A team of scientists has discovered traces of methane in some meteorites that have fallen from Mars.
The fact that there is methane in Mars meteorites suggests that there may have existed life on the Red Planet.
Researchers who discovered traces of methane in some of the Mars meteorites that have fallen on Earth say that the Red Planet may have underground habitable environments that could be compared to some that lie deep in the Earth.
Scientists have detailed their findings in the latest edition of the journal Nature Communications.
Nigel Blamey, a geochemist at the Brock University in Canada and one of the lead authors of the new study, explained that although they have discovered methane in Mars meteorites doesn’t necessarily mean that there was once life on the Red Planet.
He added that methane is a compound that could potentially support microbial life on Mars.
The researchers examined samples taken from six meteorites that have fallen on our planet millions of years ago.
When the scientists broke down the samples, they discovered significant amounts of hydrogen and methane, hidden in small pockets inside the meteorites.
Blamey said they were surprised to see how much methane the meteorites contained.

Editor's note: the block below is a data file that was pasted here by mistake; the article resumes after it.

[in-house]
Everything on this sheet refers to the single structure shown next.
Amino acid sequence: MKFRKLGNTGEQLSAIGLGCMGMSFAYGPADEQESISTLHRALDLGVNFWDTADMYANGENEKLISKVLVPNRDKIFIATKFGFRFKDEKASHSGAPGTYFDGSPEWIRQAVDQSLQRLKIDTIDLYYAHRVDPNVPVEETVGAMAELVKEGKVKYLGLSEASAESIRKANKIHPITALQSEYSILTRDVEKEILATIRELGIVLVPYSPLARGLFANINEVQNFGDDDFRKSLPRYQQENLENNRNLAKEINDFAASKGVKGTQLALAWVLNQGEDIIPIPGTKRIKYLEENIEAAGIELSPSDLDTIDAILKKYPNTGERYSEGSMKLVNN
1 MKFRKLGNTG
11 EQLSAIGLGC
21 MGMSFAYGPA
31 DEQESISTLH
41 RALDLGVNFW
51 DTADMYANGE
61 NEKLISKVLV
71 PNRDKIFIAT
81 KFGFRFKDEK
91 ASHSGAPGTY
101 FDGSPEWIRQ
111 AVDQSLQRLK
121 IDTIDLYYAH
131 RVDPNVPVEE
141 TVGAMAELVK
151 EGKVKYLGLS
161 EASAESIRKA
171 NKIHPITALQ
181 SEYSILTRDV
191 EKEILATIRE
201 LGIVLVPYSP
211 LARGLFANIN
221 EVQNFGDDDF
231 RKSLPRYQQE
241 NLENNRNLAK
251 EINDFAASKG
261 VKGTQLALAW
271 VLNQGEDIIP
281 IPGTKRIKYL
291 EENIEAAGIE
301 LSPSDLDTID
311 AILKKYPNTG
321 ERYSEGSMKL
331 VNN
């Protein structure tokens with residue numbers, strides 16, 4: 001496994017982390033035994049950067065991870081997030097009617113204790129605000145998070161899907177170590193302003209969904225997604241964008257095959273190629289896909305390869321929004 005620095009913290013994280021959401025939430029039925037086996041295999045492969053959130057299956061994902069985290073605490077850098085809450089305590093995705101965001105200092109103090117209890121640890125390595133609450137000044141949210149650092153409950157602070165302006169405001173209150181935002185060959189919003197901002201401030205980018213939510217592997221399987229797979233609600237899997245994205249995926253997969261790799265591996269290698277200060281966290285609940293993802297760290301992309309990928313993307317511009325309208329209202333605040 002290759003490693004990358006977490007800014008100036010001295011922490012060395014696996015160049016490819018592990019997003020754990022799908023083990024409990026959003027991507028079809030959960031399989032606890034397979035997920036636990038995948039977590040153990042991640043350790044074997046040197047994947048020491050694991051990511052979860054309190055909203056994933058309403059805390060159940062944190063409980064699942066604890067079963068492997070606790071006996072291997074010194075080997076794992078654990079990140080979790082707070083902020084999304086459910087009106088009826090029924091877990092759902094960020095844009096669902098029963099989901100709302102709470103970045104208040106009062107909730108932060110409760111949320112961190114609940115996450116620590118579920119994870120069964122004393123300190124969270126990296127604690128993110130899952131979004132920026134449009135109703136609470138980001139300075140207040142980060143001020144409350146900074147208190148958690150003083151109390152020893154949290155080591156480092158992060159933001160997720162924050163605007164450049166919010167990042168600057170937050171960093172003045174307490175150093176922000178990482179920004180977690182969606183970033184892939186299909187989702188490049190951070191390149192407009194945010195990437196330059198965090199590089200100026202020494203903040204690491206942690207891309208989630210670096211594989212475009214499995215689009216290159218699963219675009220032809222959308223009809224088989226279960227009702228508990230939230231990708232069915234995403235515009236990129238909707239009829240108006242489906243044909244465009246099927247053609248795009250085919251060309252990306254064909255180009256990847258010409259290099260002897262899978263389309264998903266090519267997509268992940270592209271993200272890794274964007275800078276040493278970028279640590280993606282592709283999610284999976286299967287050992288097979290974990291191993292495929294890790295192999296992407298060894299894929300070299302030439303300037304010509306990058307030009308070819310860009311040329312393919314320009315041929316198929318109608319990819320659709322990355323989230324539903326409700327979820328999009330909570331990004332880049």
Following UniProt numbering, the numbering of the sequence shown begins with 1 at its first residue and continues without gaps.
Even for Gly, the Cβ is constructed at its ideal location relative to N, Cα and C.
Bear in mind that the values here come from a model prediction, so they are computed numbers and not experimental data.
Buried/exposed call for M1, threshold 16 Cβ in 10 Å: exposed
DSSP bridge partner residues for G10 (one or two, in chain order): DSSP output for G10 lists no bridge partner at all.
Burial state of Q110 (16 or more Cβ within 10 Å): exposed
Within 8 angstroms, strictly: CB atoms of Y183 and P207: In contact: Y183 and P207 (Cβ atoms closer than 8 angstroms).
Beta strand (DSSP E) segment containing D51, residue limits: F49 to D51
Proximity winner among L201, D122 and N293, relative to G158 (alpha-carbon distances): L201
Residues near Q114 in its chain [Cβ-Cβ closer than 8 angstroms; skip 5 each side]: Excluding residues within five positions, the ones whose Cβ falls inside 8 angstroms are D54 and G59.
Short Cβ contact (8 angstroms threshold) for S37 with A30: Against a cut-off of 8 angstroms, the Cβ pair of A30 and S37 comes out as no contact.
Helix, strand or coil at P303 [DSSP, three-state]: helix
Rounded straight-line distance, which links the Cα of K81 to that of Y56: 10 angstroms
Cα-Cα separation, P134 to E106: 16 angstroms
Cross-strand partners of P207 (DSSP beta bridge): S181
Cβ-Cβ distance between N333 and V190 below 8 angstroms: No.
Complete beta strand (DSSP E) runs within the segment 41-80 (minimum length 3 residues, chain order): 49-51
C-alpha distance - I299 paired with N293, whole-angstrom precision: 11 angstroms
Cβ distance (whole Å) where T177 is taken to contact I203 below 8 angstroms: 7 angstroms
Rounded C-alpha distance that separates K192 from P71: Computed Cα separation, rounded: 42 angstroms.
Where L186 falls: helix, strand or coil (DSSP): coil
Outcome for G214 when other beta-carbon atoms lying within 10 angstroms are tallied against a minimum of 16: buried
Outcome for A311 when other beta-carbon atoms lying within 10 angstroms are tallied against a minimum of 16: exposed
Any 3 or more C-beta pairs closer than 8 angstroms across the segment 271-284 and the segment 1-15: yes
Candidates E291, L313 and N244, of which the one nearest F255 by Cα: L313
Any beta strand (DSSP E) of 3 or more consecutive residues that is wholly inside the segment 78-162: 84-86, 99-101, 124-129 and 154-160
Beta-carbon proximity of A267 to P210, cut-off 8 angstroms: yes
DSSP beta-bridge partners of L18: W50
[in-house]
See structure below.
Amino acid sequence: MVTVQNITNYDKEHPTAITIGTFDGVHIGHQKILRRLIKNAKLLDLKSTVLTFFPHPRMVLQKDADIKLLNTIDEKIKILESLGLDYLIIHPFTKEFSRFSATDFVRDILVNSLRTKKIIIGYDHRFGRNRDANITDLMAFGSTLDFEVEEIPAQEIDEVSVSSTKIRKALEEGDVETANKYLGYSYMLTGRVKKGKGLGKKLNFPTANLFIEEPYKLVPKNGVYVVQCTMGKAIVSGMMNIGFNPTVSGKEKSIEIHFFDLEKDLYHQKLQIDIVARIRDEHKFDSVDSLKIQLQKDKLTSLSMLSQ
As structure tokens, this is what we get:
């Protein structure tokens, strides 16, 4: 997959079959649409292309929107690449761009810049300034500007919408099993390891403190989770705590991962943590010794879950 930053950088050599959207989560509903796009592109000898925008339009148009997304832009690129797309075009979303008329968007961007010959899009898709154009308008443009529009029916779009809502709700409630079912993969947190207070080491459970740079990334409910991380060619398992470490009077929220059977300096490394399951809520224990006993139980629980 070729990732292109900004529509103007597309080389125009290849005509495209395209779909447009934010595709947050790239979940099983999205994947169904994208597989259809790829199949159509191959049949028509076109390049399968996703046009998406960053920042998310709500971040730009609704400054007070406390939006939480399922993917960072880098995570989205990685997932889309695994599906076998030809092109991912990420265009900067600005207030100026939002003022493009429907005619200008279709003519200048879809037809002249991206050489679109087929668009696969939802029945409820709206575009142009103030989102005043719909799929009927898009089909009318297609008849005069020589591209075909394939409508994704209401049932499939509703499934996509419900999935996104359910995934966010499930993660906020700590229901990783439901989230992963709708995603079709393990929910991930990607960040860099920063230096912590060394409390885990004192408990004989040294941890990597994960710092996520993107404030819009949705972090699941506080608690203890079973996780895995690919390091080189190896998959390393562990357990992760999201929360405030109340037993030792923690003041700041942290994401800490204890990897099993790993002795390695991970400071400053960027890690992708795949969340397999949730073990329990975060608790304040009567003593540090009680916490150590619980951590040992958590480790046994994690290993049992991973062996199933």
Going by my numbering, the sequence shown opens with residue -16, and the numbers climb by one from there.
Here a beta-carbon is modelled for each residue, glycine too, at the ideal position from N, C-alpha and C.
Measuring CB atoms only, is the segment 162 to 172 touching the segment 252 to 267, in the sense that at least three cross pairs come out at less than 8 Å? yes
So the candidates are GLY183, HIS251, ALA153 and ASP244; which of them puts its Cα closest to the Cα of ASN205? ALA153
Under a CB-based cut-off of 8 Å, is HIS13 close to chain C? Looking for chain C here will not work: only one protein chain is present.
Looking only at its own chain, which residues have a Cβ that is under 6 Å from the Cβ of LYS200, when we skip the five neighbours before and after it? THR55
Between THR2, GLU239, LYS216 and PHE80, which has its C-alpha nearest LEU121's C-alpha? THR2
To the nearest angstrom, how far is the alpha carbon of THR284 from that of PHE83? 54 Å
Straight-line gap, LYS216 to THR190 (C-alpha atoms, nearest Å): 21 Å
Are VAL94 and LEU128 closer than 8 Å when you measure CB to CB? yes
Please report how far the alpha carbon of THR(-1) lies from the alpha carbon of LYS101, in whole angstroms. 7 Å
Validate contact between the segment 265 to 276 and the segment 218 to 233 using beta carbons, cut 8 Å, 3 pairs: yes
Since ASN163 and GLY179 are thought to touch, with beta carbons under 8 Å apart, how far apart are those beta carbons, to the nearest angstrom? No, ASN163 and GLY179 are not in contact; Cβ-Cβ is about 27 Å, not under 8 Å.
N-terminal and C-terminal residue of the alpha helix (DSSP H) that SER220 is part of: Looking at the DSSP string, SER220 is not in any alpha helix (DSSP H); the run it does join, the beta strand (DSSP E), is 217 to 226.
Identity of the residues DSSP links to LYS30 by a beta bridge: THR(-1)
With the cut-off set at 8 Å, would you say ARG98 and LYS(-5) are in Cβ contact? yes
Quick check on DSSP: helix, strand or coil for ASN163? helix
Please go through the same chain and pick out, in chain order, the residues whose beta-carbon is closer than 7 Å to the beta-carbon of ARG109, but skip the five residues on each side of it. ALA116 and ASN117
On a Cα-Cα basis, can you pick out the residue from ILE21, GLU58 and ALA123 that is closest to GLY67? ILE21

While most of the methane is a byproduct of life on Earth, the scientists explained in their study that methane can also be produced through other means, for example, volcanic activity.
According to the experts, methane can also be produced by the chemical interaction between ancient volcanic rocks and Mars’ thin atmosphere.
The scientists believe that while Mars has a very hostile surface and the existence of life may seem impossible, the fact that there is methane under its surface could mean there is a possibility of microbial life.
Blamey said that although scientists have yet to discover forms of life on Mars, the existence of methane could support the theory that there are microbes beneath the Red Planet’s surface.
Scientists recently discovered evidence of methane in the Martian atmosphere using NASA’s Curiosity rover.
John Parnell, a scientist at the University of Aberdeen, says that one of the most significant discoveries since they have been exploring Mars is the suggestion that methane could exist in the Martian atmosphere.
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